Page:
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The Milky Way has an associated magnetic field. But how big is it influence in the solar system and can we measure it? I mean, when measuring, how can we make the distinction between the field of the sun and that of the Milky Way? It seems reasonable to assume that both are in the same direction. If it adds a constant field to that of the sun how could we tell?

Would two measurements suffice? Say one at a certain distance and the other at twice the distance?

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There is no galactic magnetic field inside the (inner) solar system. The solar wind is a near-perfect plasma and according to the frozen-in theorem it carries the magnetic field of the Sun with it extremely well.

At some stage in the outer solar system this assumption will break down, especially at the transition region from the solar wind to the interstellar medium. The Sun's magnetosphere ends about at the distance of the voyager probes. Interactions magnetospheric boundaries, thus of different plasma environments with different magnetic fields, can be highly dynamic- and are not trivial. They are subject to ongoing research and depend on the relative field strenths, and flux densities and their temporal variations etc.

We measure the interestellar and galactic magnetic field via spectroscopy like observing Zeeman effect etc on gas in the interstellar space.

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  • $\begingroup$ So the galactic field is canceled by the suns field? $\endgroup$ – Deschele Schilder Jun 23 at 8:34
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    $\begingroup$ It's not cancelled. It's not present here. The interplanetary field cannot penetrate into the magnetosphere of the Sun. $\endgroup$ – planetmaker Jun 23 at 8:42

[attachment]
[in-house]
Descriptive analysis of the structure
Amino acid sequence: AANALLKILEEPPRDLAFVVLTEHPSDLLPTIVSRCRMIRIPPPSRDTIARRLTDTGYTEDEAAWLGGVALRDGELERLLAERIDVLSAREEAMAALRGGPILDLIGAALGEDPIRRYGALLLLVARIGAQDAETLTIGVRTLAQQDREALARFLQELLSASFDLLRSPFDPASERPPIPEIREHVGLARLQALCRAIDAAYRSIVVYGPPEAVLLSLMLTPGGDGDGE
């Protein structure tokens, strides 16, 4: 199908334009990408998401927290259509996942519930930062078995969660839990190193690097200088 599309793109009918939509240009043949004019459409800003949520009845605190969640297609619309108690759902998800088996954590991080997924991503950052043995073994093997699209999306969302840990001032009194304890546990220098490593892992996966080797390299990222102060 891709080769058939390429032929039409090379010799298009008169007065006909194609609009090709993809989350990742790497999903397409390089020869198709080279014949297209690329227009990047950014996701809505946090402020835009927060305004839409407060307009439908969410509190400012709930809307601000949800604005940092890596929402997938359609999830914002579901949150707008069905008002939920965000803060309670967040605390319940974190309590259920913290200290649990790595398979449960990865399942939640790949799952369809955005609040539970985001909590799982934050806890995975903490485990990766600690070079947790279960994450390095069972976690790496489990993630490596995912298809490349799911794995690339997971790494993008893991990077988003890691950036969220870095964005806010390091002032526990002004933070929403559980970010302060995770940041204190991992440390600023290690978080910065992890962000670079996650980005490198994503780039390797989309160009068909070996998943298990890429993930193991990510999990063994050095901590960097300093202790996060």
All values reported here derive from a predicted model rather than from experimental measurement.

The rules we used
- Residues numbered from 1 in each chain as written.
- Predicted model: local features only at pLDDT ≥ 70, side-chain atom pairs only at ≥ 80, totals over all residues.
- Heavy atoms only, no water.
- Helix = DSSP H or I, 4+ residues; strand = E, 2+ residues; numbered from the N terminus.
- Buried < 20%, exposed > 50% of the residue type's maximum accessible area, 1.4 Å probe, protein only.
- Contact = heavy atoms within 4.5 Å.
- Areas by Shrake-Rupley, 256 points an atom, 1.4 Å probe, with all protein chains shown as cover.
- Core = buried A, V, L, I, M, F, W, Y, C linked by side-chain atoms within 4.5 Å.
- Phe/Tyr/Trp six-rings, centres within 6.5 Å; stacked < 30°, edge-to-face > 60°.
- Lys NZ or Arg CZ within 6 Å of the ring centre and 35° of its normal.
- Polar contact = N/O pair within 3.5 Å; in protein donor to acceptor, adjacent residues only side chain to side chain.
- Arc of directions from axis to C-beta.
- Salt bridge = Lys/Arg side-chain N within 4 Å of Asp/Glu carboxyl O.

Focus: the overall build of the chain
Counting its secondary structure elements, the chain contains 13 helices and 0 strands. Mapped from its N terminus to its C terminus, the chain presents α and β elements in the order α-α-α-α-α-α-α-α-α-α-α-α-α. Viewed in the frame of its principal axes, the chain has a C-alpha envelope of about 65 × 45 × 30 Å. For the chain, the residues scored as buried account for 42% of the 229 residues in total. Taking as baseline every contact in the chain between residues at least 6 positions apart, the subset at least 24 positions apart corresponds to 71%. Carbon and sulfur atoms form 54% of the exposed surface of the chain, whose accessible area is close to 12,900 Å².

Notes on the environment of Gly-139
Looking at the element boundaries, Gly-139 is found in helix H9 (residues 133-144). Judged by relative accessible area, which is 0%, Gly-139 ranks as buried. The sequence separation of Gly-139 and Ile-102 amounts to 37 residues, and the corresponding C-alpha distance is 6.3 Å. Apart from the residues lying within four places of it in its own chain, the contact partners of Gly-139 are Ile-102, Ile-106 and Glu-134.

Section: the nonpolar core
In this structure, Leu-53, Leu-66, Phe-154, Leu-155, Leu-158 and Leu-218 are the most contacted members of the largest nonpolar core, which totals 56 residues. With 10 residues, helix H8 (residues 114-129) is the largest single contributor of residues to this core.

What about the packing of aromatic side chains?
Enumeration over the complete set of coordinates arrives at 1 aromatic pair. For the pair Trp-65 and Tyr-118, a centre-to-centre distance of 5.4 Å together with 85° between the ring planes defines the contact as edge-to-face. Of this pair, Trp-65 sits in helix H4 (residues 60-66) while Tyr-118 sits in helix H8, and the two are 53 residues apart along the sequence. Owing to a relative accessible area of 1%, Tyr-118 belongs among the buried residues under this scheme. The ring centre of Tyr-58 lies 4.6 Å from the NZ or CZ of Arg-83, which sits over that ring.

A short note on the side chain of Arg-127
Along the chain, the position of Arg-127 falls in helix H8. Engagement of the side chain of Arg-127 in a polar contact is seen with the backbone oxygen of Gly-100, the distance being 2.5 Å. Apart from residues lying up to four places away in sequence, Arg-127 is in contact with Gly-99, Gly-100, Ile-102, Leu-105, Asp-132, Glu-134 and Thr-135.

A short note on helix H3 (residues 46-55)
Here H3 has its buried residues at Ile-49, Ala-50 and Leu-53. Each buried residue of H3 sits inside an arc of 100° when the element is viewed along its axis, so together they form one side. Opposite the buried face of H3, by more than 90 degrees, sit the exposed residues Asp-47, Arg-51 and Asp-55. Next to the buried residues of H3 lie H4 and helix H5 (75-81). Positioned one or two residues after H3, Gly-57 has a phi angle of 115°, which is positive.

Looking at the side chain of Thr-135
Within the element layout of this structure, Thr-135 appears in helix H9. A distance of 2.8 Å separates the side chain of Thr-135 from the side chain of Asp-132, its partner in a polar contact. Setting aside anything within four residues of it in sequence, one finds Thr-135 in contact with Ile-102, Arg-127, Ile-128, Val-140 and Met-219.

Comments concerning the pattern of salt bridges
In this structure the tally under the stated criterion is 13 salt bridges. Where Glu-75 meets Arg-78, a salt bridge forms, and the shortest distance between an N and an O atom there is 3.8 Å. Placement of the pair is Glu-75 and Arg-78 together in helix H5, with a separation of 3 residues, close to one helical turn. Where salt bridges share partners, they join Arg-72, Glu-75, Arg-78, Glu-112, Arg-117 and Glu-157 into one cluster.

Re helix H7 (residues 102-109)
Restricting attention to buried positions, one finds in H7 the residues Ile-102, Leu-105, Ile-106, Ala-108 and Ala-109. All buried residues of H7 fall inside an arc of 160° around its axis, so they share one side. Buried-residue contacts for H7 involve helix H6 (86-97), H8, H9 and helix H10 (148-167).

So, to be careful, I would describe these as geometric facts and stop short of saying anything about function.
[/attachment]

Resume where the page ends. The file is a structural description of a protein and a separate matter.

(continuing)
• $\begingroup$ Is it pushed out? Why it cant penetrate if it has the same direction? $\endgroup$ – Deschele Schilder Jun 23 at 8:45
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    $\begingroup$ The solar wind plasma is the carrier of the Sun's magnetic field as it's a fast-flowing near-perfect conductor. The diffucion timescale for the interstellar magnetic field to penetrate into the solar wind is extremely large as the magnetic Reynolds number is much bigger than unity. Thus the outward motion of the plasma is faster than anything of the galactic magnetic field can diffuse inward - up to a point where the solar wind has slowed down enough; thus there the solar magnetosphere's boundary is found. en.wikipedia.org/wiki/Magnetic_diffusion $\endgroup$ – planetmaker Jun 23 at 12:09
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    $\begingroup$ The galactic magnetic field is carried by plasma. But that plasma can't flow into the Solar System because of the outward flow of the solar wind. It's a bit like how the salty water of the ocean doesn't flow up a river because the fresh water of the river is flowing down into the ocean. Of course, some fast interstellar particles do manage to penetrate into the Solar System, even into the inner system, but the solar wind keeps a lot of stuff out. See en.wikipedia.org/wiki/Heliosphere $\endgroup$ – PM 2Ring Jun 23 at 12:11

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